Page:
Jerusalem Brings Blood and Guts to Broadway: My Review

The new Olivier by way of John Belushi, Mark Rylance is willing to go to even darker places than an electrician in a power blackout.

Three years ago, he won a Tony for his Buster Keaton-ish deadpan in Boeing Boeing, and more recently he played a scary vulgarian who spoke in verse in the stimulating La Bete.

Well, nowadays, he's sporting tattoos, a mustache, some bulk, and a limp as an anarchic rebel in Jez Butterworth's Jerusalem, which invokes the Blake poem by that name, as well as the tale of St. George vs. the dragon, but is basically set outside a messy trailer.

No, it's not a jukebox musical.

The play has Rylance as "Rooster," an ex-daredevil who hosts raunchy raves for teens, but whose jig is up as "the new estate" crouches in on his revelry and prepares to bulldoze it in favor of a sanitized England.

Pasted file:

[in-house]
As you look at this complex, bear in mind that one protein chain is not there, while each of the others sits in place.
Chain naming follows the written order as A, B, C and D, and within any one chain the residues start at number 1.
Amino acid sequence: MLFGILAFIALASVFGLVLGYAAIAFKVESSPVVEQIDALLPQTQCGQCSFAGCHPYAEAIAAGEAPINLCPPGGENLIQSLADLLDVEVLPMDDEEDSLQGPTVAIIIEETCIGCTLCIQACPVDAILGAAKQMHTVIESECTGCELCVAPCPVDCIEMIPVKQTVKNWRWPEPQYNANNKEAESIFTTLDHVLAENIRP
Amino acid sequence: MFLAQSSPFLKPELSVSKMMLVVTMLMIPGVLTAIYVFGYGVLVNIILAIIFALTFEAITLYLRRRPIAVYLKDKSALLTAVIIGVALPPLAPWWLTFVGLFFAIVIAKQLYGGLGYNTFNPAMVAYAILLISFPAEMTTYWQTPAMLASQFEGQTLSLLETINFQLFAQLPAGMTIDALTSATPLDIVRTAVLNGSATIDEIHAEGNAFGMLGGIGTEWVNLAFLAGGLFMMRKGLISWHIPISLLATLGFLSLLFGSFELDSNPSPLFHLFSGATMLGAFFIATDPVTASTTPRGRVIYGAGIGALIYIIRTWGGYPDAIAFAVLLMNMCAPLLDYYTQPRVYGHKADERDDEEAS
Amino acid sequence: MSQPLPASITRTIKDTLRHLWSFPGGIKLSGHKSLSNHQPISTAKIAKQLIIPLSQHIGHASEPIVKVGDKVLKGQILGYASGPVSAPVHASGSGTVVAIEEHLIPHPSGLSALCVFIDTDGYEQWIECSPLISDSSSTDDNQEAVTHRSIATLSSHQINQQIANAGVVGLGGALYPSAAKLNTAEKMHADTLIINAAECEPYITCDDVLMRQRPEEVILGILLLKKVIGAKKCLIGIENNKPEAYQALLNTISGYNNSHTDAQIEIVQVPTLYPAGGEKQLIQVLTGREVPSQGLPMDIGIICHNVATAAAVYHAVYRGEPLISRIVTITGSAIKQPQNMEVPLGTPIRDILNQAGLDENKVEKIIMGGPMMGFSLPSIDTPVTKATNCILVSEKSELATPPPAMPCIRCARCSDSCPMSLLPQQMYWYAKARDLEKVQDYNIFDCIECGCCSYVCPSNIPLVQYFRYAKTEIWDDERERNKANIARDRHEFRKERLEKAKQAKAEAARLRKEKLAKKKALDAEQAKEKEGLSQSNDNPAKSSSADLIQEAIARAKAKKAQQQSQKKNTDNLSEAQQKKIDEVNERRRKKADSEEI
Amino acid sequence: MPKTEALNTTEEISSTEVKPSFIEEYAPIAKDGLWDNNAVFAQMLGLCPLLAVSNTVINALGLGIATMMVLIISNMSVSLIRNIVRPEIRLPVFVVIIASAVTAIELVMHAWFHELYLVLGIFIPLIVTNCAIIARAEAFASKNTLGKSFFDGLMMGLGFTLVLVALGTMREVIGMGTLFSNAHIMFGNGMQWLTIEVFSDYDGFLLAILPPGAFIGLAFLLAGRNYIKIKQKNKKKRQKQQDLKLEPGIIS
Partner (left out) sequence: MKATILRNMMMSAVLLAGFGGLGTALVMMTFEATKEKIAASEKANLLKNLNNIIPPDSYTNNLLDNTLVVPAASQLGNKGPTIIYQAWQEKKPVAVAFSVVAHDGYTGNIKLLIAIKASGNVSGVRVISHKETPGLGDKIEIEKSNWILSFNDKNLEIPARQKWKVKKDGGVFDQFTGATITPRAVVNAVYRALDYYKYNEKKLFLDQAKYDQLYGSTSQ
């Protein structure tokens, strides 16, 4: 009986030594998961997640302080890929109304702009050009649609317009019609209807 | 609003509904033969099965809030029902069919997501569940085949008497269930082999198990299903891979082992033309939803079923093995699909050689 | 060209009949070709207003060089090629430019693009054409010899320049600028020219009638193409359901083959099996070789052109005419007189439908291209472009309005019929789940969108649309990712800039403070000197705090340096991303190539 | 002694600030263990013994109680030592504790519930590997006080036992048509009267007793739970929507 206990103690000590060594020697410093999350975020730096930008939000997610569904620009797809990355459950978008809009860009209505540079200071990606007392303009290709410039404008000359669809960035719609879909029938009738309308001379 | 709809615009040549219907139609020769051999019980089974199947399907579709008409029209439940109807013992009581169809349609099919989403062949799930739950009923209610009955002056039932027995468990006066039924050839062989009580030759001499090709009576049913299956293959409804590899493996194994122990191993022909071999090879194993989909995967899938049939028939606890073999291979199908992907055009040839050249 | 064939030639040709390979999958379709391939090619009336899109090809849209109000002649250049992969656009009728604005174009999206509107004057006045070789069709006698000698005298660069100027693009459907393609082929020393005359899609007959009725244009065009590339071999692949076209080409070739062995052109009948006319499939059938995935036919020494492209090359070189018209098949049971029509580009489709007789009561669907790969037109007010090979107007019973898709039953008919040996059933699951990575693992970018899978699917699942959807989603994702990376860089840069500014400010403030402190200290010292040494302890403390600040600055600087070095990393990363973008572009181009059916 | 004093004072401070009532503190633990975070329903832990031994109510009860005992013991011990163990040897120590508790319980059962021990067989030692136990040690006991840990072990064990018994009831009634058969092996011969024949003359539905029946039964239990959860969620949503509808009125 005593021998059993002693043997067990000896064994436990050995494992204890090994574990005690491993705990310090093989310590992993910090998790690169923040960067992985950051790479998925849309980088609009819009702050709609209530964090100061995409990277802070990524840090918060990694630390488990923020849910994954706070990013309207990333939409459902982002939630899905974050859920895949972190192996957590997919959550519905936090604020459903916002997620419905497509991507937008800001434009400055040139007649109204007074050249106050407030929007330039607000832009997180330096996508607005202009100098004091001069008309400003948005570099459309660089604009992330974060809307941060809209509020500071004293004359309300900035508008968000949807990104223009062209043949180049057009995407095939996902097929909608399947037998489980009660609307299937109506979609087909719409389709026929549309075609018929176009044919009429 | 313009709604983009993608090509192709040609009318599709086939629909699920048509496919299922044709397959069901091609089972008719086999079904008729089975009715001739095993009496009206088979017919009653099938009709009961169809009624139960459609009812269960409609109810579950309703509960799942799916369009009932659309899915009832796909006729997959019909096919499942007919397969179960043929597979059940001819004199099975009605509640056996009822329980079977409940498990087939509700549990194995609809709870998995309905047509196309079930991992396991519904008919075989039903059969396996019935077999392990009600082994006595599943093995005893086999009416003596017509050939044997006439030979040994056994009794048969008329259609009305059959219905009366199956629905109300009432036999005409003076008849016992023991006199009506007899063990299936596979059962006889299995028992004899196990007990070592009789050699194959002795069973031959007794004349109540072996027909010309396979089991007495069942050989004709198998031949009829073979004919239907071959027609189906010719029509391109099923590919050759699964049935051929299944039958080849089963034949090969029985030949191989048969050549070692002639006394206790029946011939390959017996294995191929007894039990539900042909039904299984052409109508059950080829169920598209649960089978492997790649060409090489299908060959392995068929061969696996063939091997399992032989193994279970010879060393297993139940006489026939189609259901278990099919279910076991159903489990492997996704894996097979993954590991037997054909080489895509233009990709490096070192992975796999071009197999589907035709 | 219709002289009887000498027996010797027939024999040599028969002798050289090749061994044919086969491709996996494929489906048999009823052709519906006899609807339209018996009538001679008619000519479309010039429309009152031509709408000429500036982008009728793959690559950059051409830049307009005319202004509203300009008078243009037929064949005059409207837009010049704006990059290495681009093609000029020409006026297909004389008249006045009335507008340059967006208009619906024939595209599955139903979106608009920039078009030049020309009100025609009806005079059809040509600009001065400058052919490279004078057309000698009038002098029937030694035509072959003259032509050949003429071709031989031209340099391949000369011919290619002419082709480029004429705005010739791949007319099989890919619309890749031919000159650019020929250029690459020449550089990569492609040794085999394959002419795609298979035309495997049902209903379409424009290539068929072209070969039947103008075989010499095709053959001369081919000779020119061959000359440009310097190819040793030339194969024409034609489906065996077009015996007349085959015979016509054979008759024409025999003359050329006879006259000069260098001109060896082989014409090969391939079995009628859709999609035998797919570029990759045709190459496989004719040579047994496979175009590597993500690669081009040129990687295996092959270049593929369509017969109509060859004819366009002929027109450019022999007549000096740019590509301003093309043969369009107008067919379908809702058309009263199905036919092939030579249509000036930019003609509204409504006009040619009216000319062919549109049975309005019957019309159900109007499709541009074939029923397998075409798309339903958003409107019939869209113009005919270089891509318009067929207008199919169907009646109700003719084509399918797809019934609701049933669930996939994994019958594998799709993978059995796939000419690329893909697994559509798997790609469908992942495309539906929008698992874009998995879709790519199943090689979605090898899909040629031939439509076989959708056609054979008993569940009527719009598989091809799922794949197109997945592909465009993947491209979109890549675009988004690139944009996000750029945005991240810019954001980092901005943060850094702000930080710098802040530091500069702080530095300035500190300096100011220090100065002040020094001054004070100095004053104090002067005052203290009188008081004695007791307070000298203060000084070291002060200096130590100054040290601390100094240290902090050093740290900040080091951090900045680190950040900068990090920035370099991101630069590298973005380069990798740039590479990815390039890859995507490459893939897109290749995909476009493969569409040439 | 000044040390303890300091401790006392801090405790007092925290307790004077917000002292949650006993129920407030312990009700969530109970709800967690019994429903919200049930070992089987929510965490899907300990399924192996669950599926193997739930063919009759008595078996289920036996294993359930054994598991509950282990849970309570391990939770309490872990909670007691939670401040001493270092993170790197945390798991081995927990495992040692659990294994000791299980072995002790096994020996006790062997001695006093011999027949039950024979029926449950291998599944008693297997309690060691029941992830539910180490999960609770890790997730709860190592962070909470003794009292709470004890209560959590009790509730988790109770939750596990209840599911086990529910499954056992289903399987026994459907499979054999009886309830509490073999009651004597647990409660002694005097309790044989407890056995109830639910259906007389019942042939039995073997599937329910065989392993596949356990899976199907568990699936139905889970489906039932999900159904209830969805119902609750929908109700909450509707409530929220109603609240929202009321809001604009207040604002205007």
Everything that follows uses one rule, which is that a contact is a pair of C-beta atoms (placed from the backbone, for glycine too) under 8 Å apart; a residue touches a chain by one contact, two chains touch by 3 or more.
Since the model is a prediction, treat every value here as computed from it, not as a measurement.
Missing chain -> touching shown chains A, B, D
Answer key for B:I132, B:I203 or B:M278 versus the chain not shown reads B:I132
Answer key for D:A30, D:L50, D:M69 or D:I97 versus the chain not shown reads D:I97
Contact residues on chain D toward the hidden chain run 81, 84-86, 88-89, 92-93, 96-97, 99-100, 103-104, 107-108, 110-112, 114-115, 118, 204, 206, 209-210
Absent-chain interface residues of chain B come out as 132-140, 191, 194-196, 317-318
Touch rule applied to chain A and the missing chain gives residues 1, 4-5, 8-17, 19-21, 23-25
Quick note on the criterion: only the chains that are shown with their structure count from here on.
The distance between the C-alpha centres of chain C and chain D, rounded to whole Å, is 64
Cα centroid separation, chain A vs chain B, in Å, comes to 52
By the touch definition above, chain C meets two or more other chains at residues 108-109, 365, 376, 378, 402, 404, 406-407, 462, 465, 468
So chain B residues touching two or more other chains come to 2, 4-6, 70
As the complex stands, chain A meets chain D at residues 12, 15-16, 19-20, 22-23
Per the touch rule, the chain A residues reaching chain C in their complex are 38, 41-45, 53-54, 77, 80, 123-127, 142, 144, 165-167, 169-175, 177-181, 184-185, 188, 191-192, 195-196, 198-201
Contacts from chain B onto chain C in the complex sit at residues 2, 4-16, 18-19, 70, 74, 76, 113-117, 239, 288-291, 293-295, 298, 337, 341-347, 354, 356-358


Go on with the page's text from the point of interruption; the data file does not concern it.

As Rooster indulges in his blazing antiheroics, the play veers from Brit TV-style hijinks to some striving for profundity involving blood, drums, and invocations.

The metaphorical longing for a lost UK becomes a bit ponderous and hard to take after three hours, but I welcome anything with a statement and the theatrical means to blare it.

And through it all, Rylance takes it to the max -- and the mat.

His limp alone looks so real I wouldn't be surprised if he let himself get run over by a car for the proper effect.

Jerusalem plus ham? That equals a selective but enthusiastic audience.

Any serious theatergoer who misses an event like this should be bulldozed in favor of condos.

PS: Between this play and The Book of Mormon, this is the best year for the word cunt in ages! There might have to be a special Tony category.

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